Below are several ideas on comments you could send
In response to the statements in the plan that accept the idea that renewable energy is cost prohibitive and so is not even considered: The question should be: Is the type of energy generated in the public interest, that is – Is it the most cost-effective approach and does it fit with the goals to reduce greenhouse gas emissions over time? When analyzed by some of the utility’s themselves in different states, coal plants built in the 1980’s were found to be more expensive and have an inability to compete with the price of renewable energy. In many states the utility companies have concluded that adding renewables was cheaper than building natural gas plants or converting coal facilities to gas. Also, building new renewable energy is more cost-effective than maintaining old coal plants. Utilities that are not positioned to capture value from the shift to renewables distributed energy resources risk losing revenue.
In response to NWE stating that Natural Gas is the preferred option for new energy projects in the future. The ratepayers will bear the risk that fuel cost estimates are unrealistically low against a history of gas price volatility. In some states, the shareholders are required to risk-share with customers. Will NWE’s shareholders be required to share this risk? Also, there is no responsibility taken by NWE for the methane emissions that natural gas is known to produce. Also, the current natural gas boom depends on fracking that uses toxic chemicals that pollute air and water, threatening the nearby communities.
NWE has a lack of the mention of the amount of greenhouse gas emissions in their energy portfolio plans. When calculating the “cleanness” of natural gas use, are the emissions that natural gas spews into the air while being taken out of the ground, specifically the methane emissions, being considered? Methane is 80% more potent greenhouse gas than carbon. Another point is that considering greenhouse emissions for new energy projects may become a federal requirement in the near future.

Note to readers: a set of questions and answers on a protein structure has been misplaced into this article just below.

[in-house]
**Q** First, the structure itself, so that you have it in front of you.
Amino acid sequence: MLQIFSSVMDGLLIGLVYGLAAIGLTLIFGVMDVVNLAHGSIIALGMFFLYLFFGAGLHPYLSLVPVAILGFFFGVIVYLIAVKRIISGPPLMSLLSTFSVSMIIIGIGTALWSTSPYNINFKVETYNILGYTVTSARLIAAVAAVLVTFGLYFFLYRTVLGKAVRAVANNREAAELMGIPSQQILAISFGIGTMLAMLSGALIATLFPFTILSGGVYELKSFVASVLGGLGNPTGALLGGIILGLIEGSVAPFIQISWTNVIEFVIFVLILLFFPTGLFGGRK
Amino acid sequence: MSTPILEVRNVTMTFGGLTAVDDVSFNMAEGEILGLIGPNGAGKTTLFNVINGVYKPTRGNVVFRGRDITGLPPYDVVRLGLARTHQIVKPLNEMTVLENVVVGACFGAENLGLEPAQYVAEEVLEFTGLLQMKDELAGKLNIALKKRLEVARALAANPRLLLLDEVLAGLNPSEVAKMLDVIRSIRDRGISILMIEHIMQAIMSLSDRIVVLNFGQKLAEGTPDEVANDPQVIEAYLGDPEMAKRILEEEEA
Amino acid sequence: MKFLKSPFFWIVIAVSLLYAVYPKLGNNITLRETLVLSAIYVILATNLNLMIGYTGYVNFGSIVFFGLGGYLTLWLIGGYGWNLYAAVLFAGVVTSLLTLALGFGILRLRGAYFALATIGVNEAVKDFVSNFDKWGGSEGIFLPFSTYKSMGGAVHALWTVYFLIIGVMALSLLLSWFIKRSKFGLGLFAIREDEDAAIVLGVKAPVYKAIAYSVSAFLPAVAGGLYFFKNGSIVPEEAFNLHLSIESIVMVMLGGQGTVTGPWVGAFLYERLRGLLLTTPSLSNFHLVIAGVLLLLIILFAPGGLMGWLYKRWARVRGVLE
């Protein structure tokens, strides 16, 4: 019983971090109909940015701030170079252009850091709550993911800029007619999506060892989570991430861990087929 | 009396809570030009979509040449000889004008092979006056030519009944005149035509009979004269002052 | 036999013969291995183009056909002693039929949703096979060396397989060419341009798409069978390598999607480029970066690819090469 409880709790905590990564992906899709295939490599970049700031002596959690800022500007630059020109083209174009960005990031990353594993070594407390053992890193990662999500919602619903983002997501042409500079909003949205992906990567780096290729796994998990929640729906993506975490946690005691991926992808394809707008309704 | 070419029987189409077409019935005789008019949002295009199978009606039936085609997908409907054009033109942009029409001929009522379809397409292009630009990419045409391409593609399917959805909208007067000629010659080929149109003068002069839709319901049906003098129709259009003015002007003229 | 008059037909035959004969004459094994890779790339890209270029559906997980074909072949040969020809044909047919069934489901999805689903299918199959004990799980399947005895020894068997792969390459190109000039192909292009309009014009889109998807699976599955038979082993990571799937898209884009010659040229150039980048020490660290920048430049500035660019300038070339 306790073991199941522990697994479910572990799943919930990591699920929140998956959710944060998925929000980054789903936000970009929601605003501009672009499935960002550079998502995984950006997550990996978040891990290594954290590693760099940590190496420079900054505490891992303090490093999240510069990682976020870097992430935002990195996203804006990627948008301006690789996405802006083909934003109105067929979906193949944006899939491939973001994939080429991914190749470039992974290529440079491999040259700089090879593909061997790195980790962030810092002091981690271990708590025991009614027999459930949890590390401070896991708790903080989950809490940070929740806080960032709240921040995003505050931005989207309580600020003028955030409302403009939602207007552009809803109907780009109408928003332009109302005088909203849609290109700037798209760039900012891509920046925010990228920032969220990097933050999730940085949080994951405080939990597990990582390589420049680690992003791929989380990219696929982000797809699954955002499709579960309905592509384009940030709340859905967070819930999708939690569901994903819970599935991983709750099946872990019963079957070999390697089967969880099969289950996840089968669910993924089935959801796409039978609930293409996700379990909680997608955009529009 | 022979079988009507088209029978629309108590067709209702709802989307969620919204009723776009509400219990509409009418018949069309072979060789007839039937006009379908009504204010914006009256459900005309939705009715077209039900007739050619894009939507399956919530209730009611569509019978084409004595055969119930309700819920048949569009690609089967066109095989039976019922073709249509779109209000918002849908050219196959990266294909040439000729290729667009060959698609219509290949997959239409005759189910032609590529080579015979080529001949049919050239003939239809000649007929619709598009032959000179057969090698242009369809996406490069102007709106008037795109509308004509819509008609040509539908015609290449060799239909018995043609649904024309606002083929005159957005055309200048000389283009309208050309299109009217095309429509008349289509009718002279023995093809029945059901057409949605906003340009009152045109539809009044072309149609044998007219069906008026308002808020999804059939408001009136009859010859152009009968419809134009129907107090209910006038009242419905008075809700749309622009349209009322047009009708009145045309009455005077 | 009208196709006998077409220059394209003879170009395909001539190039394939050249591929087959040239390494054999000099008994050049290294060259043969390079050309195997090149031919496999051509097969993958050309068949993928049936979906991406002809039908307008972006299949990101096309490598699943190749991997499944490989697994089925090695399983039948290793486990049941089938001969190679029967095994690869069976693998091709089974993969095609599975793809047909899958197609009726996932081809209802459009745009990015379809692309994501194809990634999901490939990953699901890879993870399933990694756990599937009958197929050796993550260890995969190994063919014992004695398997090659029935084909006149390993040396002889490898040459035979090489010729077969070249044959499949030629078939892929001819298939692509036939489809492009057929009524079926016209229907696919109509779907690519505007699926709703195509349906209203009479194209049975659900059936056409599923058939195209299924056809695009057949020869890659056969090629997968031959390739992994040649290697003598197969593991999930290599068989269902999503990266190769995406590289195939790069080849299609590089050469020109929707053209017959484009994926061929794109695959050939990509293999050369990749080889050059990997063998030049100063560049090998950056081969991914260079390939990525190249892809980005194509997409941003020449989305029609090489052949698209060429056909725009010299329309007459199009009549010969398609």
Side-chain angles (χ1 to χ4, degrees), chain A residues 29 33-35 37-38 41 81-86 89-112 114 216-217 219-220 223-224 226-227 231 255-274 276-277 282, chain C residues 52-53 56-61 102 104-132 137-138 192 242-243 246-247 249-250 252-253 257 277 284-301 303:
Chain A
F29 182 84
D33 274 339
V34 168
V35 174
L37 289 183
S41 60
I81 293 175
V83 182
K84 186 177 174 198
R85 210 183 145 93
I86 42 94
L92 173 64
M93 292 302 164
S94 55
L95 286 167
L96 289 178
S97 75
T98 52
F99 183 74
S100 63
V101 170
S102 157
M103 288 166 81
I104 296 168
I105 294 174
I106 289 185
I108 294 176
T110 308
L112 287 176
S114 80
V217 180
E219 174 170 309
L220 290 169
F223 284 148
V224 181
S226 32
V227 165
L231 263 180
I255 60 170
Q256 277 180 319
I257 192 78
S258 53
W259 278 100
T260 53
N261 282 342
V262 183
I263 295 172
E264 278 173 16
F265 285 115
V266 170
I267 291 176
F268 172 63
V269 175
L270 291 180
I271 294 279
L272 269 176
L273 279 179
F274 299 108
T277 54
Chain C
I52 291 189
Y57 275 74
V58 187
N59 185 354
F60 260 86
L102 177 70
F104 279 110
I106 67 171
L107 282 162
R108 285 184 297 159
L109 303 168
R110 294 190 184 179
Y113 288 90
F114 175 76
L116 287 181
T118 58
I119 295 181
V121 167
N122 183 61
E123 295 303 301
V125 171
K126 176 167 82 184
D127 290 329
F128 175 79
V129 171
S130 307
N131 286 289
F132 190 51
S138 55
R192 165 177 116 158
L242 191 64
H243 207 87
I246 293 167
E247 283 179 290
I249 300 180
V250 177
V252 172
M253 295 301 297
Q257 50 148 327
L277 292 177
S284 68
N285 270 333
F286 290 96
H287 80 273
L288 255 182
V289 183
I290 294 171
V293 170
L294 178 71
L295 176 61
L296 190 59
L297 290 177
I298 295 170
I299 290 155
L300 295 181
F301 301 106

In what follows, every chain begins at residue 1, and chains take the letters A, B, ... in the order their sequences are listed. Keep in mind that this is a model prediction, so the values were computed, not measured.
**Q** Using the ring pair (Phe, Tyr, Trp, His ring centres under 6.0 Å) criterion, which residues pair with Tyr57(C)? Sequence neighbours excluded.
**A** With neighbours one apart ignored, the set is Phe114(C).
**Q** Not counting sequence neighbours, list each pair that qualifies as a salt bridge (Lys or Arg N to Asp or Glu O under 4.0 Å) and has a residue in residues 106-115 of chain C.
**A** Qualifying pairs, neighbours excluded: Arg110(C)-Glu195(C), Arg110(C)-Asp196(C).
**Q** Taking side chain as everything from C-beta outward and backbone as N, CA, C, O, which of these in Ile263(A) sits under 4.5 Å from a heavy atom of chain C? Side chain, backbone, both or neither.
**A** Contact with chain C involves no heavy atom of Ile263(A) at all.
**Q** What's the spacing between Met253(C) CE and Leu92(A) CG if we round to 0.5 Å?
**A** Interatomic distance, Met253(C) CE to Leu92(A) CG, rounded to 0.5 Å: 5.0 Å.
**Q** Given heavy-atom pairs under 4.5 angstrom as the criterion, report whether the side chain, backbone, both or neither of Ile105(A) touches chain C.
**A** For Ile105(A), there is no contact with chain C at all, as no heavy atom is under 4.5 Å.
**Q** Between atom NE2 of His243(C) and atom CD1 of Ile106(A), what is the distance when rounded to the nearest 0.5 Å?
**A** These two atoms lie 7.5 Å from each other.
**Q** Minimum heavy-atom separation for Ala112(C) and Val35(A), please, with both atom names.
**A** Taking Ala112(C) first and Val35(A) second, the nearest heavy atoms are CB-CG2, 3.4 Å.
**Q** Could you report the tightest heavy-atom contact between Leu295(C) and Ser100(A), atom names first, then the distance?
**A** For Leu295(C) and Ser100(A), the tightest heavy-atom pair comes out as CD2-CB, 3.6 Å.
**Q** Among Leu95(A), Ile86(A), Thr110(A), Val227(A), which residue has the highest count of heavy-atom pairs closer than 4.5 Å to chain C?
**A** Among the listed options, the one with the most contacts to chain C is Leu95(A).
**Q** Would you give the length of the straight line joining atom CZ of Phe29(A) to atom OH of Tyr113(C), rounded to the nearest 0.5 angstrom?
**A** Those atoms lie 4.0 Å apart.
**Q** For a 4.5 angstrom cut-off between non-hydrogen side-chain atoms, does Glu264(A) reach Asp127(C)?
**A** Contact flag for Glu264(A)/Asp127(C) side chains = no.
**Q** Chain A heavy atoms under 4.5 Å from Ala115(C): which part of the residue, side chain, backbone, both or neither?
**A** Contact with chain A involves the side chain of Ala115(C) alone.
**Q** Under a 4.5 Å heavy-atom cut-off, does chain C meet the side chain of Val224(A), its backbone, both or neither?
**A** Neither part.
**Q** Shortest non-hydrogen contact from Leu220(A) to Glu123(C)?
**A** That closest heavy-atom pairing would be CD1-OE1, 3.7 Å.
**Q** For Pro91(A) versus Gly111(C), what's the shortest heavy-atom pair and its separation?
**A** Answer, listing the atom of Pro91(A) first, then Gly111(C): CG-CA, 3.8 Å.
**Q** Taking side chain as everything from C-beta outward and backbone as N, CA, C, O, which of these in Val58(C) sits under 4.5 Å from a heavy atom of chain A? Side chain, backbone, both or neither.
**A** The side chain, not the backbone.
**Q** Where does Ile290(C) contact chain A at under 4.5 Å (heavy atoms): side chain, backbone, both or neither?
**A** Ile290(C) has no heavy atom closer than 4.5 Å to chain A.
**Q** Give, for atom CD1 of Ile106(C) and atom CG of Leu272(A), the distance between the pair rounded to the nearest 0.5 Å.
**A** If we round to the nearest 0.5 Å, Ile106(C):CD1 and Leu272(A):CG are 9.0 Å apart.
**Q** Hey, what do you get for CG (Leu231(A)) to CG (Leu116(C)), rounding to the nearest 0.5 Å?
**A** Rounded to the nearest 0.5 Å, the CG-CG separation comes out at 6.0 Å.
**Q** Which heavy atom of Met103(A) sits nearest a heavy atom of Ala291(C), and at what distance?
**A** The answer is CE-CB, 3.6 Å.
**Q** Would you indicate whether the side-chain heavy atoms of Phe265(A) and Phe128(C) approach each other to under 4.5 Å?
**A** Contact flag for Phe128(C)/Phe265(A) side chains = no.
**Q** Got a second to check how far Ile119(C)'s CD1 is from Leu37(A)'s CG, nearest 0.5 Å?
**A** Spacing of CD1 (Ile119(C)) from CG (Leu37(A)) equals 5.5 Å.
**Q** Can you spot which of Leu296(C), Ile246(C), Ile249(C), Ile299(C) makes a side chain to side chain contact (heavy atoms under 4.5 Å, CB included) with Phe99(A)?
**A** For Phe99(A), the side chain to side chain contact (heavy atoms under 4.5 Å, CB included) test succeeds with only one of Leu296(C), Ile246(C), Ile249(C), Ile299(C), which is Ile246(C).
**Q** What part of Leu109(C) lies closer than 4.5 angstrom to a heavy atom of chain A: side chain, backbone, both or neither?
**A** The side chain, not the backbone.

In response to NWE’s procurement plan’s statements that renewable energy is unreliable and does not meet capacity at times of peak loads: Many actions have been proven to work to increase reliability for renewable energy power that NWE’s plan did not even consider. Because they do not even consider these actions, they have completely discounted renewable energy to meet the energy demands of the ratepayer. Some of the actions available to deal with the fact that the wind does not always blow and the sun does not always shine locally are:
- Drawing electricity from a broad geographic area helps ensure a steady supply of wind power.
- Advanced microgrids and software programs are already being used successfully.
- Solar and wind energy projects coupled with battery storage are already being implemented and will only improve in the near future.
Other ideas out there for increasing the reliability of renewable energy:
- Investing in local distributed generation.
- Investing in energy efficiency
- Encouraging participation in demand response and demand side management
- Investing in new, fast-ramp gas turbines as a future resource.
- Investing in better, variety of energy storage (Hydro storage projects like the Gordon Butte Project in MT)
Other comments about dealing with reliability in renewable energy: Grid operators already deal with large fluctuations in electricity supply and demand. In fact, the gradual and predictable changes in wind power are much easier for grid operators to address than the large-scale outages that can occur at conventional power plants. The gradual changes in wind output are relatively easy for grid operators to accommodate.
In response to NWE’s procurement plan’s statements that renewable energy is cost prohibitive to build: The average wind turbine installment project costs have fallen significantly as the low wind turbine pricing continues to get cheaper. Overall, the average installed cost of wind projects have fallen from their highs in 2008. After topping out at 7cents/kWh in 2009 to a 2017 national average price of 2 cents/kWh. These prices compare favorably to the projected future fuel costs of gas-fired generation. Also, there is no mention in NWE’s plan of the very likely possibility of a future carbon tax or possibility of natural gas prices to spike.